Upon Swift 6: Solve inconsistency within the language

The arrival of Swift 6 means a chance for “regretting” some language designs with API breakage — after 3 years which is fairly a long time for Swift and the Swift community. With the Swift 3.2 and Swift 4.2 effort, transition to a breaking Swift release has proved to be a lot smoother.

I would suggest we pick up some of the deferred breaking pitches, which intended to eliminate inconsistency within the language. These ideas have already received positive feedbacks from the community, and yet didn’t make their ways into reality.

Naming Inconsistency: Revisit SE-0132

SE-0132 proposed to rename and redesign the existing Sequence snd Collection APIs by rationalizing them according to the API Design Guidelines.

The Core Team did regard these changes as “too expensive”, but I believe not fixing them as soon as possible would become the really expensive thing. Such confusing naming from the standard library is a significant problem which will impact all the future users.

Given ABI stability goal added in Swift 5, we’re already suffering more to fix it. I would suggest how we deal with SwiftPM 4 manifests: add a libStdlib5 fallback in future releases for compatibility issue, until we finally decide to drop it (through future evolution). I’m not an expert in ABI though, if there’s any problem welcome to point out.

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Design Inconsistency: throws overload

throwing/non-throwing overload is the new inconsistency introduced by the amendment to SE-0296. As Chris pointed out:

There are, of course, considerations regarding source breakage on introducing this in Swift 5. For a healthier language design, there’s no better opportunity to add (and enforce) this in Swift 6. The Core Team decision addressed:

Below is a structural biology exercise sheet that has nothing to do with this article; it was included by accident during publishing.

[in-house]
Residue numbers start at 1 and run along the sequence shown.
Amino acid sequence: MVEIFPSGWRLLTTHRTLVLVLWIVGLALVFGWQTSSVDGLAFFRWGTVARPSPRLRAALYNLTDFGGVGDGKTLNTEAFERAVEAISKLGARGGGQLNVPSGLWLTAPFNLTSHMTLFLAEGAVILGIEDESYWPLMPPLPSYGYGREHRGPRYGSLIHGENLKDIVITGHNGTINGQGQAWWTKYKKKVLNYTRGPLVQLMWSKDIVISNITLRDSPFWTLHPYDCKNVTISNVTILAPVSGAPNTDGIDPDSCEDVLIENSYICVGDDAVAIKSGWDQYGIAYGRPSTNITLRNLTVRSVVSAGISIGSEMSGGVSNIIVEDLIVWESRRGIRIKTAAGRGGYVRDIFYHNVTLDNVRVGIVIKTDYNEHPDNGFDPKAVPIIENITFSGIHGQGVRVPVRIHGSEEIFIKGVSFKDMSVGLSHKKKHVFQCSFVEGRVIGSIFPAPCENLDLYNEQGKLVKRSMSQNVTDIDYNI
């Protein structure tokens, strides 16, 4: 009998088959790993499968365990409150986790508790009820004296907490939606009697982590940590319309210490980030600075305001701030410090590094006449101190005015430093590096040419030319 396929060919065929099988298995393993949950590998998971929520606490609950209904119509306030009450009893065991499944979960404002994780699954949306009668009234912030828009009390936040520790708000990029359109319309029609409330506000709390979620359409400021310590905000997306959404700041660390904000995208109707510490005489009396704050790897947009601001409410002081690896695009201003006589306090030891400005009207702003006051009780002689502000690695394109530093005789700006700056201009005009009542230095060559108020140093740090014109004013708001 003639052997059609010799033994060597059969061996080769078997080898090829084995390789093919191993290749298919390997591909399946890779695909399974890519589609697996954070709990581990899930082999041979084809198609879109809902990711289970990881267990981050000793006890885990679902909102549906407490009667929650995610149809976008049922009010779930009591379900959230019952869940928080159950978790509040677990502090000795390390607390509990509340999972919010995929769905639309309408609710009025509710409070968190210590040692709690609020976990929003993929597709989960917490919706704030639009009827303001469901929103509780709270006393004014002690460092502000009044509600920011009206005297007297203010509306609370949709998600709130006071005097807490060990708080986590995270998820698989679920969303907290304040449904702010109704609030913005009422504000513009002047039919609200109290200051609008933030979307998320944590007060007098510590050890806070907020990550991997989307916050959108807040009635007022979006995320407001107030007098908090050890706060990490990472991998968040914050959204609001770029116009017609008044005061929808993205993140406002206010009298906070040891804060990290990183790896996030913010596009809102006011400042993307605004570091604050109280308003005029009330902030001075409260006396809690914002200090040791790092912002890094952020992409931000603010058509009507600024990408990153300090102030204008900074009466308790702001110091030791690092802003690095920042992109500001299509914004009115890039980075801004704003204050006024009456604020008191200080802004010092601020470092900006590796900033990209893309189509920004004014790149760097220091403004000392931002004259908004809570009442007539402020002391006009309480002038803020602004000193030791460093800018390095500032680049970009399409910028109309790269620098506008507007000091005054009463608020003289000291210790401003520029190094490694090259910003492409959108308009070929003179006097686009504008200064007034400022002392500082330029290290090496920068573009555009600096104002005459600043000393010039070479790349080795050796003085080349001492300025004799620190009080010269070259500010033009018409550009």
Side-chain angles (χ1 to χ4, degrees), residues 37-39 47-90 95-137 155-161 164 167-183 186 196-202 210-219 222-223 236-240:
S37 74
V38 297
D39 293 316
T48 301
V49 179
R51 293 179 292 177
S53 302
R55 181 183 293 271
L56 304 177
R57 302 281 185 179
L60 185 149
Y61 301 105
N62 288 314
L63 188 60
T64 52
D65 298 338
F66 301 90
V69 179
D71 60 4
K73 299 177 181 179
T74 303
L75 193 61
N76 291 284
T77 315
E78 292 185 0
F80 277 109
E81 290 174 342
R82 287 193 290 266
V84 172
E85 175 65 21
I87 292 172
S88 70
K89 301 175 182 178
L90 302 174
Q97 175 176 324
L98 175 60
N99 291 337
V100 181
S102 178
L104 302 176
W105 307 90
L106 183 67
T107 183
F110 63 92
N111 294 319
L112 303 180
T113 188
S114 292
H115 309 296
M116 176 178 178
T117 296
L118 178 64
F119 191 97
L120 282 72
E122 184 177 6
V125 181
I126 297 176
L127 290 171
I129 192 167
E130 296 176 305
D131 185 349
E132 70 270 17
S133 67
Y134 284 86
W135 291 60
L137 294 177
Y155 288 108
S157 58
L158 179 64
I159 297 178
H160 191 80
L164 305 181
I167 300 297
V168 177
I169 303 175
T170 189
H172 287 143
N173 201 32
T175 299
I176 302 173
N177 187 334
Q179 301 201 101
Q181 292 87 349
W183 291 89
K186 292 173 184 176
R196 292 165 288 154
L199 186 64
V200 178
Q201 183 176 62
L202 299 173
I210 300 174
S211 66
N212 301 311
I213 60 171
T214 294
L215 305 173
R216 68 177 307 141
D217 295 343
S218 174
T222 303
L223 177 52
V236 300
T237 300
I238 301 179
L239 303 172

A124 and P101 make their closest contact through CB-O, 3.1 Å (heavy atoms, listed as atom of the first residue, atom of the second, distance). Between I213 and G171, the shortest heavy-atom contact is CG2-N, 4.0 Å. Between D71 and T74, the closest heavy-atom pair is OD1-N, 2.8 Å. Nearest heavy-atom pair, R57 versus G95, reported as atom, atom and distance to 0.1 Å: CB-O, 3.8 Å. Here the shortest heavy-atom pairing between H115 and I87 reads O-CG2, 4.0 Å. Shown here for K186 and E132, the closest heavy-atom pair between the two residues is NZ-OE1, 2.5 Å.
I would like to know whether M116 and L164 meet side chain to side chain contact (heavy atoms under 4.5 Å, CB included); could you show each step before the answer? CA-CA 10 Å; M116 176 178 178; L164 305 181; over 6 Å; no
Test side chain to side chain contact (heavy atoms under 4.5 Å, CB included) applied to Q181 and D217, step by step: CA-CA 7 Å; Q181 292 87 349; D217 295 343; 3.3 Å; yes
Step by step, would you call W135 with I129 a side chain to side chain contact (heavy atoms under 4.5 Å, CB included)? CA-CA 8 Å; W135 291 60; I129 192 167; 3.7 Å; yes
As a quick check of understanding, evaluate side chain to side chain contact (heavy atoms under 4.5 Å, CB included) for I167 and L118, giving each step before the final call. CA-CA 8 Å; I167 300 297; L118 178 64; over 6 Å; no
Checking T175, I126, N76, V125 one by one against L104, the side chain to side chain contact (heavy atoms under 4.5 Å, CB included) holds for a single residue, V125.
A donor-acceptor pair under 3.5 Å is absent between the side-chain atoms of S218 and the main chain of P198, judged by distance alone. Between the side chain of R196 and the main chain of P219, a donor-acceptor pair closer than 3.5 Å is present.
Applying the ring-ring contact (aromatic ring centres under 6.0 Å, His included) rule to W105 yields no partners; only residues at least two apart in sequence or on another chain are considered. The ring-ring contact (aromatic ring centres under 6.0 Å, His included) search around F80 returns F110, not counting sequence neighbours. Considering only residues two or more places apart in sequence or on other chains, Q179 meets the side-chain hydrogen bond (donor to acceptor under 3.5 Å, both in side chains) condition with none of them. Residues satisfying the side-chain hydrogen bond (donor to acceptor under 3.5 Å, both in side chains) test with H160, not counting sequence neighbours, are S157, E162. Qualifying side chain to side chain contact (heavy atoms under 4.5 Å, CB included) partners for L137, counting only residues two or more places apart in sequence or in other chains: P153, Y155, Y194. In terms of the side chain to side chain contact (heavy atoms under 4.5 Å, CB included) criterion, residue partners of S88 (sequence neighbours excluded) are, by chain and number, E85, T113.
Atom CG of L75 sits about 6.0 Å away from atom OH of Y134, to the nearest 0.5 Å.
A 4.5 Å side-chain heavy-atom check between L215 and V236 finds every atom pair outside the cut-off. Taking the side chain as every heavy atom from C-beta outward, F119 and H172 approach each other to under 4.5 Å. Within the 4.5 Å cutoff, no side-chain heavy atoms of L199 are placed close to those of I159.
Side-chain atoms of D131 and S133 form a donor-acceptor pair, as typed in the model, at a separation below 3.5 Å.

Links:

Behavioral Inconsistency: Eliminate implicit initializations

Last week, Jordan Rose (@jrose) pitched to remove the implicit initialization of Optional variables and received heated discussion, including suggestions on extending the pitch to include PropertyWrapper.

Behavioral inconsistency like implicit initializations is more subtle, yet has potential to cause bigger problems because they burden users with kinds of “differences”. As Jordan explained himself:

In fact, this piece of change has already been pitched four times since 2017. It’s time to get it fixed now.

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Others

I believe there are more inconsistent cases which l’m not able to cover, so welcome to address them in other threads (let’s keep this thread focused). I would like to call for the whole community to push these efforts and make consistency a real goal for Swift 6.

30 Likes

If I had one wish it would be to "fix" protocols in Swift to make them safer to use, by finally fixing:

  1. Dynamically dispatch protocol extension members
  2. Role Keywords to Protocol Implementations to Reduce Code Errors

There are other Swift regrets that could be taken back now too like eliminating fileprivate.

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Returning to Swift 2 access control is the dream, but I'm not sure it'll get enough traction.

I'd also like to suggest that, regardless of what else is done in Swift 6, we fix SR-103. Default implementations of protocol requirements on a base class absolutely should be part of that class's vtable.

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Swift 6 does afford us with the possibility of making some source-incompatible changes. I want to highlight the place where you quoted me in regards to SE-0296:

Part of the motivation for such a proposal can be consistency with async .